This was a pity, because the Liturgical Symphony, last performed by the SSO at its Australian premiere 1952 under Bernard Heinze, was a powerful work – and not nearly as unpalatable as the sweet first half might have led some to fear. This stands to reason – just how scary is a piece written in 1946 by a composer born in 1892 likely to be? Yes, there was discordance, but each movement had a very consistent rhythmic affect. It is also one of the few orchestral works where the orchestral piano, here mostly used as a bass instrument, was really integrated into the orchestration.

I missed the pre-concert talk, as well as the commemorative cup-cakes for the 25th anniversary of those talks’ inceptions. To tell the truth, I almost never get to these. It’s not entirely that I’m too much of a snob for them. It’s just that my routine – pre-concert nap, parking on the street some way away at my secret spot, a brisk walk to the Opera House and not liking to hang around too much before the music starts – isn’t suited to them.

On Monday, Gabriela Montero is playing a recital. The entire Half of the second half is slated as her improvisations. I do hope this isn’t too much. I’m just a bit trepidatious about half [OK:] a quarter of an evening of pastiches. Judging from her encores tonight, she generally concentrates on a single phrase in her “rambles” (to nod Grainger-wards), and generally on the incipit. I doubt if I will muster the nerve, but if asked on Monday I would like to challenge her with the chorus of the Beatles’ All you need is love.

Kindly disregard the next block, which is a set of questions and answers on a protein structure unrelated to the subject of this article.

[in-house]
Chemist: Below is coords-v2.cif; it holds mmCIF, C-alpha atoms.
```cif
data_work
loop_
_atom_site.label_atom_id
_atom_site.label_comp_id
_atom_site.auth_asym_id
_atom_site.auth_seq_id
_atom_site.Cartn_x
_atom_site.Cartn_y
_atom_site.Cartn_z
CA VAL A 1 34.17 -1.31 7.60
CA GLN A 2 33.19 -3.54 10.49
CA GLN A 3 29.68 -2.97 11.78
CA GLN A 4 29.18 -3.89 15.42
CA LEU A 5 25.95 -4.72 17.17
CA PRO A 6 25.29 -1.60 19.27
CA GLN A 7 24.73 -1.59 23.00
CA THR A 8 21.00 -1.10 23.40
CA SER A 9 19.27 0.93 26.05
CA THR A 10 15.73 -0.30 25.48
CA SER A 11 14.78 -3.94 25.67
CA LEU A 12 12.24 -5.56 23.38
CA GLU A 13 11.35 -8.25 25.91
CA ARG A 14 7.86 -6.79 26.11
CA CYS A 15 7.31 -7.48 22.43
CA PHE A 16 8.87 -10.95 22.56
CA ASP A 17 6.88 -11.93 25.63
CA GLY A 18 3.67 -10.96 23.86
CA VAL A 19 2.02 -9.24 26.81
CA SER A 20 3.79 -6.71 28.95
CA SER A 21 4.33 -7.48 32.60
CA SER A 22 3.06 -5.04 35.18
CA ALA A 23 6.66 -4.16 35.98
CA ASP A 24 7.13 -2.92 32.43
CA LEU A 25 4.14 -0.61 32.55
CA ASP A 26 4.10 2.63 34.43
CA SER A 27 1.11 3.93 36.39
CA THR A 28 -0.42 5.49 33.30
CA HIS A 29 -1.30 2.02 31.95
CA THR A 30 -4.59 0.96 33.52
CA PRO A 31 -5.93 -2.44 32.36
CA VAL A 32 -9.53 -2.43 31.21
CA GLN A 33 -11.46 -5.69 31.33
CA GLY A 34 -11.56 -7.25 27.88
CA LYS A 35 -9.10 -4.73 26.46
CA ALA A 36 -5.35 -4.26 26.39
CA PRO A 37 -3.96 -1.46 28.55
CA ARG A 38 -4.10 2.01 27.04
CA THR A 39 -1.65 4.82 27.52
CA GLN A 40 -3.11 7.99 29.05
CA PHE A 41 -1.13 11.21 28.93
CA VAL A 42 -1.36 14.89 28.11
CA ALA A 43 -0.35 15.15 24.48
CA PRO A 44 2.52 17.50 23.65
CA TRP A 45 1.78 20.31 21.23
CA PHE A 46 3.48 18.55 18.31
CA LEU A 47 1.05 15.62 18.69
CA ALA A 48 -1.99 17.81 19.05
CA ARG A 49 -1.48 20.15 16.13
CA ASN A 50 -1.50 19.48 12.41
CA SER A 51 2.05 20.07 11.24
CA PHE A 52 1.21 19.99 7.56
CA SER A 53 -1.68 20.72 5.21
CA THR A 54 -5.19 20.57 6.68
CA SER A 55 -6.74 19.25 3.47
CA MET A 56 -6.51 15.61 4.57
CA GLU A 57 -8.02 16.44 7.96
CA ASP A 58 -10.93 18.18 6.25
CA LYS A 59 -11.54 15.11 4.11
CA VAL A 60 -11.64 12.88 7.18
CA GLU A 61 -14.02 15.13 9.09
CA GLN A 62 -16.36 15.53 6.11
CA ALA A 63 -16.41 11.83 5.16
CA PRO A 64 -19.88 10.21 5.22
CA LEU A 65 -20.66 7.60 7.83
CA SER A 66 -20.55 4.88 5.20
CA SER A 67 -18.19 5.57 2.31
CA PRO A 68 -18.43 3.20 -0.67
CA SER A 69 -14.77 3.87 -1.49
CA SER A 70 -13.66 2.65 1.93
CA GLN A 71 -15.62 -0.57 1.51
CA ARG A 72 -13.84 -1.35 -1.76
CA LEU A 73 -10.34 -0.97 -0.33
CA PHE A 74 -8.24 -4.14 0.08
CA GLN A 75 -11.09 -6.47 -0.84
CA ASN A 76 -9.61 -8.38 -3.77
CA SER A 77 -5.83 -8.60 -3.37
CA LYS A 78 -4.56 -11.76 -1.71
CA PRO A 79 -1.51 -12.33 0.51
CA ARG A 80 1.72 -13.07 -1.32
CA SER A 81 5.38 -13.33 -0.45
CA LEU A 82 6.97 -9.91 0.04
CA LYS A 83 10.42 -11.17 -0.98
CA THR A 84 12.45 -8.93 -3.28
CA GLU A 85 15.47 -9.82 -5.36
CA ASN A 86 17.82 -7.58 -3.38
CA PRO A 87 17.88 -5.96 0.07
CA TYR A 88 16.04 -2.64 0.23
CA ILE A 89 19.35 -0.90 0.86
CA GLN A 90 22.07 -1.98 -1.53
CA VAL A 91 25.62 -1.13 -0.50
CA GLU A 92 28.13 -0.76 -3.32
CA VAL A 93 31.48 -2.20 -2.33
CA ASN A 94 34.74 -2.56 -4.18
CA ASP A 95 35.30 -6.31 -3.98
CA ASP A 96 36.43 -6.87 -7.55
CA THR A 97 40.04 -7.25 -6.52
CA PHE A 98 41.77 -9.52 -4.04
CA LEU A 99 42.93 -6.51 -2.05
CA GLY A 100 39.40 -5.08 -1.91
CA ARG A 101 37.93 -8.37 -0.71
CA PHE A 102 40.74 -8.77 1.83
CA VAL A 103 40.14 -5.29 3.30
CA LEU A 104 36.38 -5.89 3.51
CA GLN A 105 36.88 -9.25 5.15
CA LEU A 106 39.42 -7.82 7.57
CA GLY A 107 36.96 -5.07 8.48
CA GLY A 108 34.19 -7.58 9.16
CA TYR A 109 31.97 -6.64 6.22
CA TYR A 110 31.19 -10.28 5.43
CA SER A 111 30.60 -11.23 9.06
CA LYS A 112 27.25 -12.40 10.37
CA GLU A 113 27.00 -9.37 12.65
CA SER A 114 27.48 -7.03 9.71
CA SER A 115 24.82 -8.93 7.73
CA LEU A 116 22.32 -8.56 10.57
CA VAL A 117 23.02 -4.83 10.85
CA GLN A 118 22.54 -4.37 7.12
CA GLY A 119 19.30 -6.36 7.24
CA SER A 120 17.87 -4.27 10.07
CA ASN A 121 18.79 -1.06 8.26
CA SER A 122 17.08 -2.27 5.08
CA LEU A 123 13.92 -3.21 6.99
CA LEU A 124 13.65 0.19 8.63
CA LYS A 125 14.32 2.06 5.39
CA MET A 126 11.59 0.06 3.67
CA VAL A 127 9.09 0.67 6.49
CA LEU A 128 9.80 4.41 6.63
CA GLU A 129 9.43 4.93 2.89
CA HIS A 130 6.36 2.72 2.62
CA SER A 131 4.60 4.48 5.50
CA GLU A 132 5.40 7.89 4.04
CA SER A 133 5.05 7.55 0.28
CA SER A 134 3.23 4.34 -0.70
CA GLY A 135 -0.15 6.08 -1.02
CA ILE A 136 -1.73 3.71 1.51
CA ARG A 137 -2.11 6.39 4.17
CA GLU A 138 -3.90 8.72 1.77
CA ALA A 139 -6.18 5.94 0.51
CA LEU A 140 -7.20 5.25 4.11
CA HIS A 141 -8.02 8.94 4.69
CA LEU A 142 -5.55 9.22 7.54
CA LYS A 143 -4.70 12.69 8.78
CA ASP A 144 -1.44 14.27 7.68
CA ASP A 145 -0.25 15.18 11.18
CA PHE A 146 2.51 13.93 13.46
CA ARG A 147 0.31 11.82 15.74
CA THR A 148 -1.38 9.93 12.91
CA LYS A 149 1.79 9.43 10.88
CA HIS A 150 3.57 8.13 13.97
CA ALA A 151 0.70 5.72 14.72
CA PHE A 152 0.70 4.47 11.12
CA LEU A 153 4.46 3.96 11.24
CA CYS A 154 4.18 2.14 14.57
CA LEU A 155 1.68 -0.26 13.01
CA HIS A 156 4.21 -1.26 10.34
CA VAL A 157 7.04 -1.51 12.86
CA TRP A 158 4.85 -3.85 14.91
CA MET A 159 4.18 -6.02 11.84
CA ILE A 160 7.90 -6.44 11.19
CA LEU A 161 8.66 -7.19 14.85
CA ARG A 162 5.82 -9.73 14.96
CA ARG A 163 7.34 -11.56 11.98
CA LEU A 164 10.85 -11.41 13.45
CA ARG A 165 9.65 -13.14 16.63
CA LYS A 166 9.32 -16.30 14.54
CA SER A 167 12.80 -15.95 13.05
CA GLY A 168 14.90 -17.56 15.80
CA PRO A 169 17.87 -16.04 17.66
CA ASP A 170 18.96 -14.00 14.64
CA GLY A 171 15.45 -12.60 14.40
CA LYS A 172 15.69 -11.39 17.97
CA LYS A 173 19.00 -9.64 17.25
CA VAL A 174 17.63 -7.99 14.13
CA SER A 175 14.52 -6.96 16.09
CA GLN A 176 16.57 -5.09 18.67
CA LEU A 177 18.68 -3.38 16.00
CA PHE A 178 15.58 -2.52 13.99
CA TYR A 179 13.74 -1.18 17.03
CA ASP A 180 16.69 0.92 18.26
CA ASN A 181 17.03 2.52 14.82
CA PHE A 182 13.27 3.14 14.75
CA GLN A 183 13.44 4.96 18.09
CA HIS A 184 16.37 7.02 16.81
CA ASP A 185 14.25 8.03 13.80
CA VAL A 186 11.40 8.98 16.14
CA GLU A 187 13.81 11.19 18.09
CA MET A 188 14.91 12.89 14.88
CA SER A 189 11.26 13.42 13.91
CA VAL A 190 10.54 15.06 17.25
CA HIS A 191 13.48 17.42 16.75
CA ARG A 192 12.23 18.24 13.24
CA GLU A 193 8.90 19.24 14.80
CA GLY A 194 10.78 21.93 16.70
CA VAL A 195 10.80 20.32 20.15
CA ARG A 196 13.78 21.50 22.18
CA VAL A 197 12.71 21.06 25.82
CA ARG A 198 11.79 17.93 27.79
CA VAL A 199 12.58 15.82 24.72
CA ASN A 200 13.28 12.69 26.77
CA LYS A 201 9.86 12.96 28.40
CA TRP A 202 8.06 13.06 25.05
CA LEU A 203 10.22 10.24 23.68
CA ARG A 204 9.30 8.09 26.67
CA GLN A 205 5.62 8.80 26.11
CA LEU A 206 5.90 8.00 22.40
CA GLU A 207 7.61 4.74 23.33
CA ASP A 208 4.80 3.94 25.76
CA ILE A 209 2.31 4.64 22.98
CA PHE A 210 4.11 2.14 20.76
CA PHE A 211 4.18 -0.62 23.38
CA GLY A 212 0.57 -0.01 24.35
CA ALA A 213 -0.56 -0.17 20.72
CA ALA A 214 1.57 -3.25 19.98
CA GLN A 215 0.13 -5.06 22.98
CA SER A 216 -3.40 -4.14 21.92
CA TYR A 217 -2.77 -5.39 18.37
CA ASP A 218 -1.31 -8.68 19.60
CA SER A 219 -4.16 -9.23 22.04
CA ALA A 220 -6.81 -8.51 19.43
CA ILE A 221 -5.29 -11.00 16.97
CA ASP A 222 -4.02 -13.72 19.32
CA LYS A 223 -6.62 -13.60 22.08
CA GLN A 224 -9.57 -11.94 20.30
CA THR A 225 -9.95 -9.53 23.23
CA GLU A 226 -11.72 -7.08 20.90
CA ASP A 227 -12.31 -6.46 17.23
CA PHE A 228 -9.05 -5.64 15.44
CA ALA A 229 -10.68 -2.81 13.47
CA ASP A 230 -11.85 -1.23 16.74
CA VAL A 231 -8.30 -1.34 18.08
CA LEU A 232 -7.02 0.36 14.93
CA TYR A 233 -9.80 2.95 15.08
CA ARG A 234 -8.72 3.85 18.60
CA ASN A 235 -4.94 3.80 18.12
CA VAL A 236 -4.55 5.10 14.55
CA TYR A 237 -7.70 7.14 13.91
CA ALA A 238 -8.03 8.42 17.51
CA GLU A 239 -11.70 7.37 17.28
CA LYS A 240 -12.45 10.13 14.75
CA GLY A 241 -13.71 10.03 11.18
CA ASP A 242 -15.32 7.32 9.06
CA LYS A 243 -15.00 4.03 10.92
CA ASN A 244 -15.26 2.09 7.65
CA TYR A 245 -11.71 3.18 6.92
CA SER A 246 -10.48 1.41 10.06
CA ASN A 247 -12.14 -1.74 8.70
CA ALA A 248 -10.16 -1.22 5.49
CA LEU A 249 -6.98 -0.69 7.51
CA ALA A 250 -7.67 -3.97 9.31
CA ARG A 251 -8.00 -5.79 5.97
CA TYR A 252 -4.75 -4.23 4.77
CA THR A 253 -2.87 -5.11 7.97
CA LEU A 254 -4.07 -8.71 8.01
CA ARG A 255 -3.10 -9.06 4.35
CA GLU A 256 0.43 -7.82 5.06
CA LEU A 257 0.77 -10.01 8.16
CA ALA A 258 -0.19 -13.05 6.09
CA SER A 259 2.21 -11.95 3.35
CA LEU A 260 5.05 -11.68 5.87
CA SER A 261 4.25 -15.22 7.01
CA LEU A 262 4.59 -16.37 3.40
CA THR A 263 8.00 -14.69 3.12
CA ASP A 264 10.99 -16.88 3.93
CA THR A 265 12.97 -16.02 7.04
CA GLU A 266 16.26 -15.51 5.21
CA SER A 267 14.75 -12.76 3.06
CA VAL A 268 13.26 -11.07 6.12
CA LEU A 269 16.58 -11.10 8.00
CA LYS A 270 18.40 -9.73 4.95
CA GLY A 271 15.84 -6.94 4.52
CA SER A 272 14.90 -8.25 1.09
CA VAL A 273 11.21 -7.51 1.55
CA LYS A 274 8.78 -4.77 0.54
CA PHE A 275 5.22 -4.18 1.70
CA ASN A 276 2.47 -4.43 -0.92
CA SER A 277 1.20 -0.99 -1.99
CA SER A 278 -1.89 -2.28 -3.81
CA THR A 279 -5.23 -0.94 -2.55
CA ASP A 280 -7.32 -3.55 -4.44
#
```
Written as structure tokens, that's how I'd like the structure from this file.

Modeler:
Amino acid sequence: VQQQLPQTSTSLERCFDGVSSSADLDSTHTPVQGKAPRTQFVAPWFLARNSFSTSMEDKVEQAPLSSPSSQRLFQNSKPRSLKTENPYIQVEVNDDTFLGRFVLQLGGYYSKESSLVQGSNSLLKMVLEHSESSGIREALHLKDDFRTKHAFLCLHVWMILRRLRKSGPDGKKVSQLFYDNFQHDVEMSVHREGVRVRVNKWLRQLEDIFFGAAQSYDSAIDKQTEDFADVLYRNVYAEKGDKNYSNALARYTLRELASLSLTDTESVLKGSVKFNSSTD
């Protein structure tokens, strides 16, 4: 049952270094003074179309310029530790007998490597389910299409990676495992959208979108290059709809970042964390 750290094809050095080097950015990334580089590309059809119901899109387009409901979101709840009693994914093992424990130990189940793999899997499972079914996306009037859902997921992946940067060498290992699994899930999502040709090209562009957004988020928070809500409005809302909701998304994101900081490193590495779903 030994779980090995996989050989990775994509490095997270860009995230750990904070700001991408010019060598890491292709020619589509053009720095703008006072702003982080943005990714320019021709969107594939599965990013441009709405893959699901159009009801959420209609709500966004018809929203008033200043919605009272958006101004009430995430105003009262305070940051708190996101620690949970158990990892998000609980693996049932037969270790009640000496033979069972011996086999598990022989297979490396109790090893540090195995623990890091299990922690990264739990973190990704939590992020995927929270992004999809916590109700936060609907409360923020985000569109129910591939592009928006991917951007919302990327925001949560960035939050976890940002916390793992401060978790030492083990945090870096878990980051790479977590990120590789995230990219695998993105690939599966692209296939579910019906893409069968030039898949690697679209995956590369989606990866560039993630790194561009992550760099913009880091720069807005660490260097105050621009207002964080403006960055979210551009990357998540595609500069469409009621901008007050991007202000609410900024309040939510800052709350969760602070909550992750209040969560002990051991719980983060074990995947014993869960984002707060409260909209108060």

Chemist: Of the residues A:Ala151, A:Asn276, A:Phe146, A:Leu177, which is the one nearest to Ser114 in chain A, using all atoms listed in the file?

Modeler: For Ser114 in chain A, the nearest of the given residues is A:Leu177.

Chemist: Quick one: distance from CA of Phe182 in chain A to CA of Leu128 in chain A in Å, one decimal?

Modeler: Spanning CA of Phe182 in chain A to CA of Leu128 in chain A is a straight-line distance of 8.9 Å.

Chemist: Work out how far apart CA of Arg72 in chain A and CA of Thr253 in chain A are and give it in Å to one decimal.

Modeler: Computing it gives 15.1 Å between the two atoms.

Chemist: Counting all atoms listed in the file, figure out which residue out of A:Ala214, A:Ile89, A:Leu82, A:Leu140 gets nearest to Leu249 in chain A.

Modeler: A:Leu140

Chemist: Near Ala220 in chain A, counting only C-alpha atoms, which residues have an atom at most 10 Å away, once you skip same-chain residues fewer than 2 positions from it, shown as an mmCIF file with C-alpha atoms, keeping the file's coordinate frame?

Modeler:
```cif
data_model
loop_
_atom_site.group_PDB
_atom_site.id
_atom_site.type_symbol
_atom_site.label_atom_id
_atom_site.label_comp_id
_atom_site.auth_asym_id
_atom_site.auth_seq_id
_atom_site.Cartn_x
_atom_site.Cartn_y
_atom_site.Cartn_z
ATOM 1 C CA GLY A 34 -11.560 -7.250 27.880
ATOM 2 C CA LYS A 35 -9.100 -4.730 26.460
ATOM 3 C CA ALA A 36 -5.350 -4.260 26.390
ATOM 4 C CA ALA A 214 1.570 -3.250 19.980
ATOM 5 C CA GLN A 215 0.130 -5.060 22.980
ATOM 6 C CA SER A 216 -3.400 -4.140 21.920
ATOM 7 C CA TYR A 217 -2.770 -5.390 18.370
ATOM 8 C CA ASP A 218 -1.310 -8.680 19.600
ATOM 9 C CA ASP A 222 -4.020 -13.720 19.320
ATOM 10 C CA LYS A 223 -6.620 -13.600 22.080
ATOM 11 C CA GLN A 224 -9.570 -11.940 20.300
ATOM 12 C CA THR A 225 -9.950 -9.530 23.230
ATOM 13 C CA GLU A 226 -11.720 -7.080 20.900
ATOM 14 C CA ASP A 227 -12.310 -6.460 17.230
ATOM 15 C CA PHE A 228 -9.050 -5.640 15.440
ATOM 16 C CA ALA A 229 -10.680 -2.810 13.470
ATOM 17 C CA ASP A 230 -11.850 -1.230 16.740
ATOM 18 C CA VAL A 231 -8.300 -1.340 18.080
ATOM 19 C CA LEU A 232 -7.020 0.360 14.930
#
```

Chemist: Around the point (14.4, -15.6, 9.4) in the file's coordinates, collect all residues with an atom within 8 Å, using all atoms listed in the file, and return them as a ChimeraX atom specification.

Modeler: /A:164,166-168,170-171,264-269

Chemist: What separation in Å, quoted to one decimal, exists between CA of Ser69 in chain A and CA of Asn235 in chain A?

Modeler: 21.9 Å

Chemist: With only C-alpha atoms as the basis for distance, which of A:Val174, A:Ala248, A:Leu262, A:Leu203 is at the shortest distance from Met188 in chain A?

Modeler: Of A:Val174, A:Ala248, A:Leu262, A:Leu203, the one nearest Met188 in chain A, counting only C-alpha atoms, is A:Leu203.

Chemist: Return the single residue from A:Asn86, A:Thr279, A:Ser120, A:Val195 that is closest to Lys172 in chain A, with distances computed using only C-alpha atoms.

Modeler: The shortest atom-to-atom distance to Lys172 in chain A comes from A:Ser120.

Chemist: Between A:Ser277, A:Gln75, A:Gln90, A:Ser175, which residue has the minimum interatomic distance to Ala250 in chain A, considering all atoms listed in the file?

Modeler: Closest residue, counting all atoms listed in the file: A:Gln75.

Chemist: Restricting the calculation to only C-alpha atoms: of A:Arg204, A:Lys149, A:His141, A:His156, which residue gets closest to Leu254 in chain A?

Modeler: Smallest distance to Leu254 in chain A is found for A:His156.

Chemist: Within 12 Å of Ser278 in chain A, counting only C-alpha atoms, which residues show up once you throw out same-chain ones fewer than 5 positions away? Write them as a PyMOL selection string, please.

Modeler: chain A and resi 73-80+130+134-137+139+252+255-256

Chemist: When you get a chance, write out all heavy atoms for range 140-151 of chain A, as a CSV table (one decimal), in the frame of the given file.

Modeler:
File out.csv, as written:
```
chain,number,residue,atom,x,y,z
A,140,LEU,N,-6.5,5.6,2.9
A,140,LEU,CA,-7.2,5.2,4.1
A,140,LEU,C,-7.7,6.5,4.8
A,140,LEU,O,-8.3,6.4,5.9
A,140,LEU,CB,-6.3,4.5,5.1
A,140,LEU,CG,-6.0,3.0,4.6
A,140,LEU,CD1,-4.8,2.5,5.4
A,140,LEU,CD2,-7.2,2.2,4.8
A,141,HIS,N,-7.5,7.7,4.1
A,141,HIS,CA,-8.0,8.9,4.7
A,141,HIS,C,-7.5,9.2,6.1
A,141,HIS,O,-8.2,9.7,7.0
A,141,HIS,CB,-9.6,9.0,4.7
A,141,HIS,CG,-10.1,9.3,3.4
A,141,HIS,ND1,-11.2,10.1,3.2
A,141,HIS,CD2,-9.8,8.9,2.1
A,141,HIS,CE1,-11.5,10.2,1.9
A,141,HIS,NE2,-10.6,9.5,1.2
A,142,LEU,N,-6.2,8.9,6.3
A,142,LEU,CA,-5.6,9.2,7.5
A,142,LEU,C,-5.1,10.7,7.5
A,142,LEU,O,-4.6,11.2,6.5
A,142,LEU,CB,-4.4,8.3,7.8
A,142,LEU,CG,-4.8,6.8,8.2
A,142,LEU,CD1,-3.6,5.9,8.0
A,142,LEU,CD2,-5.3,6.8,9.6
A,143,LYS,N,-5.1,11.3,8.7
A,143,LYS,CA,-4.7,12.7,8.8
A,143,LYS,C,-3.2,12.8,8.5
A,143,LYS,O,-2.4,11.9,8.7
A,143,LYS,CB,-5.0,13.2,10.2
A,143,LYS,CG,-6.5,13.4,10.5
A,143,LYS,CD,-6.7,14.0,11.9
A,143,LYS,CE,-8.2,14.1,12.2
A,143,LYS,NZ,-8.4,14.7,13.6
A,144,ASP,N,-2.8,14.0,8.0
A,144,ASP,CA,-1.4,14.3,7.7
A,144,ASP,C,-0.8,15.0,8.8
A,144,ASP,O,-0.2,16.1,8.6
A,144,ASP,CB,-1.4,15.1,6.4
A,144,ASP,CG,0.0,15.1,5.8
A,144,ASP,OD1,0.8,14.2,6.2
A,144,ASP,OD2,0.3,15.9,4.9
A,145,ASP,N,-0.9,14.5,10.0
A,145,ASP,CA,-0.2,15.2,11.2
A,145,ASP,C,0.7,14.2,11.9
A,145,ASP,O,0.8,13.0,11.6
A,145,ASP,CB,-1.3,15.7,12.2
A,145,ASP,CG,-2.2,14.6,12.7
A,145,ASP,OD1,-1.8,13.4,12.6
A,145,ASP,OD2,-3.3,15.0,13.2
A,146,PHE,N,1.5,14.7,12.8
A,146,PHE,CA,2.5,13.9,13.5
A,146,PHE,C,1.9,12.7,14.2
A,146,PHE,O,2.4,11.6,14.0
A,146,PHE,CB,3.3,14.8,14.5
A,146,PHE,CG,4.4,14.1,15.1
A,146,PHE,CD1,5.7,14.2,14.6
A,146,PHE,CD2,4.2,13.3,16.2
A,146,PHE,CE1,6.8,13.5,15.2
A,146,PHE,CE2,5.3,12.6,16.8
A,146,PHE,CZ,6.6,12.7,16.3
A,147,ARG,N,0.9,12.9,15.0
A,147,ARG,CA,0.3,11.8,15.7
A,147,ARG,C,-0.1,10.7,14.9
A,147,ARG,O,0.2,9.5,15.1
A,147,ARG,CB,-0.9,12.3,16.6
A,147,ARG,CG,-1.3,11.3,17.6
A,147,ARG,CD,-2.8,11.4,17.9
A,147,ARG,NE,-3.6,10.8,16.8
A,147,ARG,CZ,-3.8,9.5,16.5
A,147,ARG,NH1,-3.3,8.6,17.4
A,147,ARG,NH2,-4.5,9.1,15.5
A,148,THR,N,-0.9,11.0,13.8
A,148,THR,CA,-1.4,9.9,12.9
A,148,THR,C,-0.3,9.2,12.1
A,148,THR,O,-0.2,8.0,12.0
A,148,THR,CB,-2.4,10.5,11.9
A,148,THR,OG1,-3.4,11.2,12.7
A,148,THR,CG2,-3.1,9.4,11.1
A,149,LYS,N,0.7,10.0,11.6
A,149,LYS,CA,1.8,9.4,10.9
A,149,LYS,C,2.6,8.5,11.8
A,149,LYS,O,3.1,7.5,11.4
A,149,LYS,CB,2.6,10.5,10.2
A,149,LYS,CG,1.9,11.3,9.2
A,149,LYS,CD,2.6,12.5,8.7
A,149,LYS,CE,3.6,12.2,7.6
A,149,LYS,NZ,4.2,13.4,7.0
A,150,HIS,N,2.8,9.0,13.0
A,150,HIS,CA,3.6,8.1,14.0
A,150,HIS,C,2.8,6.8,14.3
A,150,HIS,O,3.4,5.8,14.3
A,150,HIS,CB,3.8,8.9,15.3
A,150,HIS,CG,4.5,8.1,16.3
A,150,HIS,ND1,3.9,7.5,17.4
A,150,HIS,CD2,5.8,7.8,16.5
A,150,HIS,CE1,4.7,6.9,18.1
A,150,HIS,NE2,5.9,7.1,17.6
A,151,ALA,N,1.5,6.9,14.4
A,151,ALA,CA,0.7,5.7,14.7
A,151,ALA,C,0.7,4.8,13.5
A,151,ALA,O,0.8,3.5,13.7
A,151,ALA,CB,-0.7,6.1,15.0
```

4 Responses to “Dum! da-da-Dum! dadaDum dadaDum dadaDum dadaDum dadaDum!”

  1. Thom Says:

    Perhaps the mustering of nerve will be aided by the knowledge that not all of the second half, but half of the second half has been slated as improvisation. I would be quite interested to hear some improvisation on original themes as opposed to the other kind.

  2. Neil Says:

    I was able to snooze in comfort, and avoided the brisk walk. I listened to this concert on ABC Classic FM. Mind you that could also be what most of those empty seats were doing…

  3. Snubbed! -or, Why I am not a critic 3 « Stumbling on melons Says:

    […] Stumbling on melons Just another WordPress.com weblog « Dum! da-da-Dum! dadaDum dadaDum dadaDum dadaDum dadaDum! […]

  4. marcellous Says:

    @ Thom:

    Well you saw how far my mustered nerve got me. I don’t think any original theme would have been taken up. For one thing, that couldn’t ever be such a giggle.